In a previous post, I described how the moving company was coming to take a look at my workshop so they could pack it up and move it to a new residence in Connecticut. As you might remember, the move was the result of a new job here at Fine woodworking. Packing and shipping my tools and our other belongings went fine, but settling into a new home has taken a little longer than we thought. As a result, all of our stuff–including my tools are in storage while we find a place.
Without my workshop, I’ve been struggling for ways to satisfy my tool addiction, so when a web search turned up the Connecticut Antique Machinery Association (CAMA) museum in Kent, Ct. I knew I had to go check it out.
When I called Sunday morning to confirm the would be open for an afternoon visit, Jim Daly, a volunteer and former Wall St. stock trader answered the phone. Jim said he’d be greeting us when we got there and would be happy to show us around.
Based on this conversation alone, I could tell this museum was the perfect place for a tool addict to spend an afternoon. The CAMA museum is housed in several buildings, each dedicated to a specific industrial application including mining, large and small stationary engines, agricultural equipment, a locomotive shed, and a well-equipped machine shop. There are a few woodworking machines and a sawmill restoration is in the works.
If you’re ever in the area, this place is definitely worth a visit. I’m planning to go back at the end of September for their annual Fall Festival when the museum hosts dozens of machines and their enthusiastic owners. Most machines will be up and running and the air will be filled with steam, smoke and sounds of work. The Fall festival runs September 25, 26, and 27th. You can learn more at the CAMA Website.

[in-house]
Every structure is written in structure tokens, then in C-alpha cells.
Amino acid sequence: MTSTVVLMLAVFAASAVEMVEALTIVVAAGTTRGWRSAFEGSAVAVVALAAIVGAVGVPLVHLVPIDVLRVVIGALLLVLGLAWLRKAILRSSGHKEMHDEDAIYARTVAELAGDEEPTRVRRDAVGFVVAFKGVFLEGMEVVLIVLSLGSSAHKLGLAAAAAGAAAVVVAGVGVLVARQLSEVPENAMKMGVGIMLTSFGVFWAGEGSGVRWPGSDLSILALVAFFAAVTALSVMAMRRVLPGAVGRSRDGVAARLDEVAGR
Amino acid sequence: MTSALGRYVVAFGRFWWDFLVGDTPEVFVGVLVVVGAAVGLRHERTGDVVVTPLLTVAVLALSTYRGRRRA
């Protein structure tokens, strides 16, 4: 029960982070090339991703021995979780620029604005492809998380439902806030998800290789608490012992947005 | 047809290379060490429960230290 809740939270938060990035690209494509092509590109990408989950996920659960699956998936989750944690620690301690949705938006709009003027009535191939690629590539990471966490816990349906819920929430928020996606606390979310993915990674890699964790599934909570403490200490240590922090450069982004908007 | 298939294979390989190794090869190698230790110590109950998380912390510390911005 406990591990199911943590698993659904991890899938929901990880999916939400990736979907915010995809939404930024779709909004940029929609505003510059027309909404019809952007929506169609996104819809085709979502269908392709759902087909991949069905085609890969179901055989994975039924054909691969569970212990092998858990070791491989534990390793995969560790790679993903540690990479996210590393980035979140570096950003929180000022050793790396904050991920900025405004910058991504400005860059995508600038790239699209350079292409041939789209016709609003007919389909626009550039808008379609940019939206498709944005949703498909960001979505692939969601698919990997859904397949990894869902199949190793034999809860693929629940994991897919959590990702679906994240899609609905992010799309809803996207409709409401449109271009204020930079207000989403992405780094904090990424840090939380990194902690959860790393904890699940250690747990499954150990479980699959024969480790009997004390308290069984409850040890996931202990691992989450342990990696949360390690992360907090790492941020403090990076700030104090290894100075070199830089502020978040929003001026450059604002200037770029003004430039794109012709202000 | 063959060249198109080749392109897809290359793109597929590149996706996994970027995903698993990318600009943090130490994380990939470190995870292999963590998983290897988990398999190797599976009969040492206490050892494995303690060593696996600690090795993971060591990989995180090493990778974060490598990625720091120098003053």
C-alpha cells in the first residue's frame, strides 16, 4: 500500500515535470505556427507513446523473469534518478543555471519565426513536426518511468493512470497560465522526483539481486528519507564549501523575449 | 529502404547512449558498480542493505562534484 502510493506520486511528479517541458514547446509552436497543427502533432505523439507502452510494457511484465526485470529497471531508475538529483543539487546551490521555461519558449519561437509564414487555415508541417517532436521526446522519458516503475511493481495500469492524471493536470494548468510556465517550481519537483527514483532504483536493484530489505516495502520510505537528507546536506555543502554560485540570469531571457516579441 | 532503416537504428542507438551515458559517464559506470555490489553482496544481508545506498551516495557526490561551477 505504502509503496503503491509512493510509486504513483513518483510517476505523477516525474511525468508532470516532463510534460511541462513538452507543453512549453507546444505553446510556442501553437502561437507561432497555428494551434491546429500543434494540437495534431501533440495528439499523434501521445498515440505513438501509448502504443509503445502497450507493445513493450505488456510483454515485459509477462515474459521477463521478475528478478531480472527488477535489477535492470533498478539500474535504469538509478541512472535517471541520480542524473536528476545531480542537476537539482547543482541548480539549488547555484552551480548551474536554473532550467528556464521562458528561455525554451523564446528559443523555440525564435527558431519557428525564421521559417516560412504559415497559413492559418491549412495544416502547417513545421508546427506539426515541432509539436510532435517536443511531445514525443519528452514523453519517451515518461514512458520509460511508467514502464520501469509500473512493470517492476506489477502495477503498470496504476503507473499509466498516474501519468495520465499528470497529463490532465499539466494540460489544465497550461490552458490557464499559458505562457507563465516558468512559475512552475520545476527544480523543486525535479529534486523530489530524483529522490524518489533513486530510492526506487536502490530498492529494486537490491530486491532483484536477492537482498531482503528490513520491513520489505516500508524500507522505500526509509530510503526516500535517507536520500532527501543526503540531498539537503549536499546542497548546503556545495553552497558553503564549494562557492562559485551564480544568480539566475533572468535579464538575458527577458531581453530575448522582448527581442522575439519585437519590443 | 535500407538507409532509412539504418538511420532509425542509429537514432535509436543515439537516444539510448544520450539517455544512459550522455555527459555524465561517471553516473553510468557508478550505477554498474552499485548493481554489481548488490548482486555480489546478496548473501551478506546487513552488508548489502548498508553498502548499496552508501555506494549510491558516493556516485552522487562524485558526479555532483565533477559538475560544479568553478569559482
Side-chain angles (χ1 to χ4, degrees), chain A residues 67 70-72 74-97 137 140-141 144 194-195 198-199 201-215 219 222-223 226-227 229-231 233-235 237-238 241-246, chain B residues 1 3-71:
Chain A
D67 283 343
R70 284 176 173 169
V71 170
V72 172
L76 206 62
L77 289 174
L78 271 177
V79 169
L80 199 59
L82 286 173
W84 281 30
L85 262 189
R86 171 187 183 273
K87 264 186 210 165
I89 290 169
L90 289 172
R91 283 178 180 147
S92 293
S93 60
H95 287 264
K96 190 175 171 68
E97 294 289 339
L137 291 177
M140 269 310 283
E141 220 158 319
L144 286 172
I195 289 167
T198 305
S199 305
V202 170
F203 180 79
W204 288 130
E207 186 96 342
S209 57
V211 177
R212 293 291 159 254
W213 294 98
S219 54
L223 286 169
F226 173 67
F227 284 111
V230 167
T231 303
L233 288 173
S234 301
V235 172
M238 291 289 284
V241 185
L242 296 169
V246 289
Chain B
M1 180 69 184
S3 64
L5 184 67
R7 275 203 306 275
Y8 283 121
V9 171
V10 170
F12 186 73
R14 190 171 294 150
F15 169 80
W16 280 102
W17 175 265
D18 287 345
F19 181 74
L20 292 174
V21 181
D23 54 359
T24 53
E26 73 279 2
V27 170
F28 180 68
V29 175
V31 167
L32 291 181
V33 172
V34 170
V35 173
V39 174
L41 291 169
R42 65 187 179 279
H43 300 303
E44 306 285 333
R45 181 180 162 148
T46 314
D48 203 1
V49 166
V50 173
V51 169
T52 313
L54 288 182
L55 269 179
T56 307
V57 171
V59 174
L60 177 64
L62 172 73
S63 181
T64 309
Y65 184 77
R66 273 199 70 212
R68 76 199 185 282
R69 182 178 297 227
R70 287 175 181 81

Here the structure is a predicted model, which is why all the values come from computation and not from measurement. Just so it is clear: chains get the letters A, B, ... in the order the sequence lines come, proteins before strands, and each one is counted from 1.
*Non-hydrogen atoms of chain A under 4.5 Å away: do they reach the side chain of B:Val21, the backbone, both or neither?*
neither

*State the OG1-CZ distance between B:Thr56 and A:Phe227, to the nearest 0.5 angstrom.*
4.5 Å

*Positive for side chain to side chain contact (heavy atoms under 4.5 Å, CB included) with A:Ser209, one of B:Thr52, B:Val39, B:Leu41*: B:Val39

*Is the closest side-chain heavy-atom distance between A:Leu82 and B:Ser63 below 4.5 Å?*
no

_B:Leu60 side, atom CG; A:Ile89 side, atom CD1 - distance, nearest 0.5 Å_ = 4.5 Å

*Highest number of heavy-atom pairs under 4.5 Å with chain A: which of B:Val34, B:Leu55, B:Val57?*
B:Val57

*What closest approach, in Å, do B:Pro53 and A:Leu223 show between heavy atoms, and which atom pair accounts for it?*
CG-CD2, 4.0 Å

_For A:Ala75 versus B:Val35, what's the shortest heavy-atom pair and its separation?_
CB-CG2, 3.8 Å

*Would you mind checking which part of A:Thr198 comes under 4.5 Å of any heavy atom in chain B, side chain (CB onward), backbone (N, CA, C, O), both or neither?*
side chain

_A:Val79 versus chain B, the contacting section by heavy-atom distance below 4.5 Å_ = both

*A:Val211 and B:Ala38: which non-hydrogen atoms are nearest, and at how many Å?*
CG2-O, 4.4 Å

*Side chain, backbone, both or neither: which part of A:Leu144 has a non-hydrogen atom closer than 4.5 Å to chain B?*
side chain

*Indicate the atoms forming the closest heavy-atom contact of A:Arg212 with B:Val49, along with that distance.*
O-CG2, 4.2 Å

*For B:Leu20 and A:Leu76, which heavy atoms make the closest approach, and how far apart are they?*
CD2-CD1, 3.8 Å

Stationary machines like this one powered industry in the mid 19th and early 20th century. The enormous flywheels keep the machines turning under load. The wheels are so big the museum building was built around them. Many of these machines were scrapped during WWII, but the largest ones were often saved because it was too hard to move them.
This is a one-third scale model of a steam traction engine--the forerunner of today's modern tractor. The museum houses a surprising number of larger steam tractors, but most need boiler rebuilds--an expensive and time-consuming process. Unlike modern tractors, most steam tractors were relatively stationary and were used to power equipment from threshers to shingle saws. Wealthy farmers who could afford such a machine would often take it around to neighboring farms charging a fee or taking some of the harvest in return.
Tractors and agricultural equipment have their own shed. Most of the tractors are lovingly restored by the museum or the owners who keep them on display.
Tour guide and museum member, Jim Daly owns this beautiful John Deere from the 30's. He explained that most cars of the day had electric starters, but farmers didn't want the added complexity.
His machine is started by spinning the flywheel on the side. It only took two tries to get the vintage machine going. He told me, "The first step is to make sure it's in neutral."
This enormous planer likely came out of a saw mill. It's powered by a stationary gas engine on the side. I told Jim I was bringing some lumber when I come back for the Fall Festival in September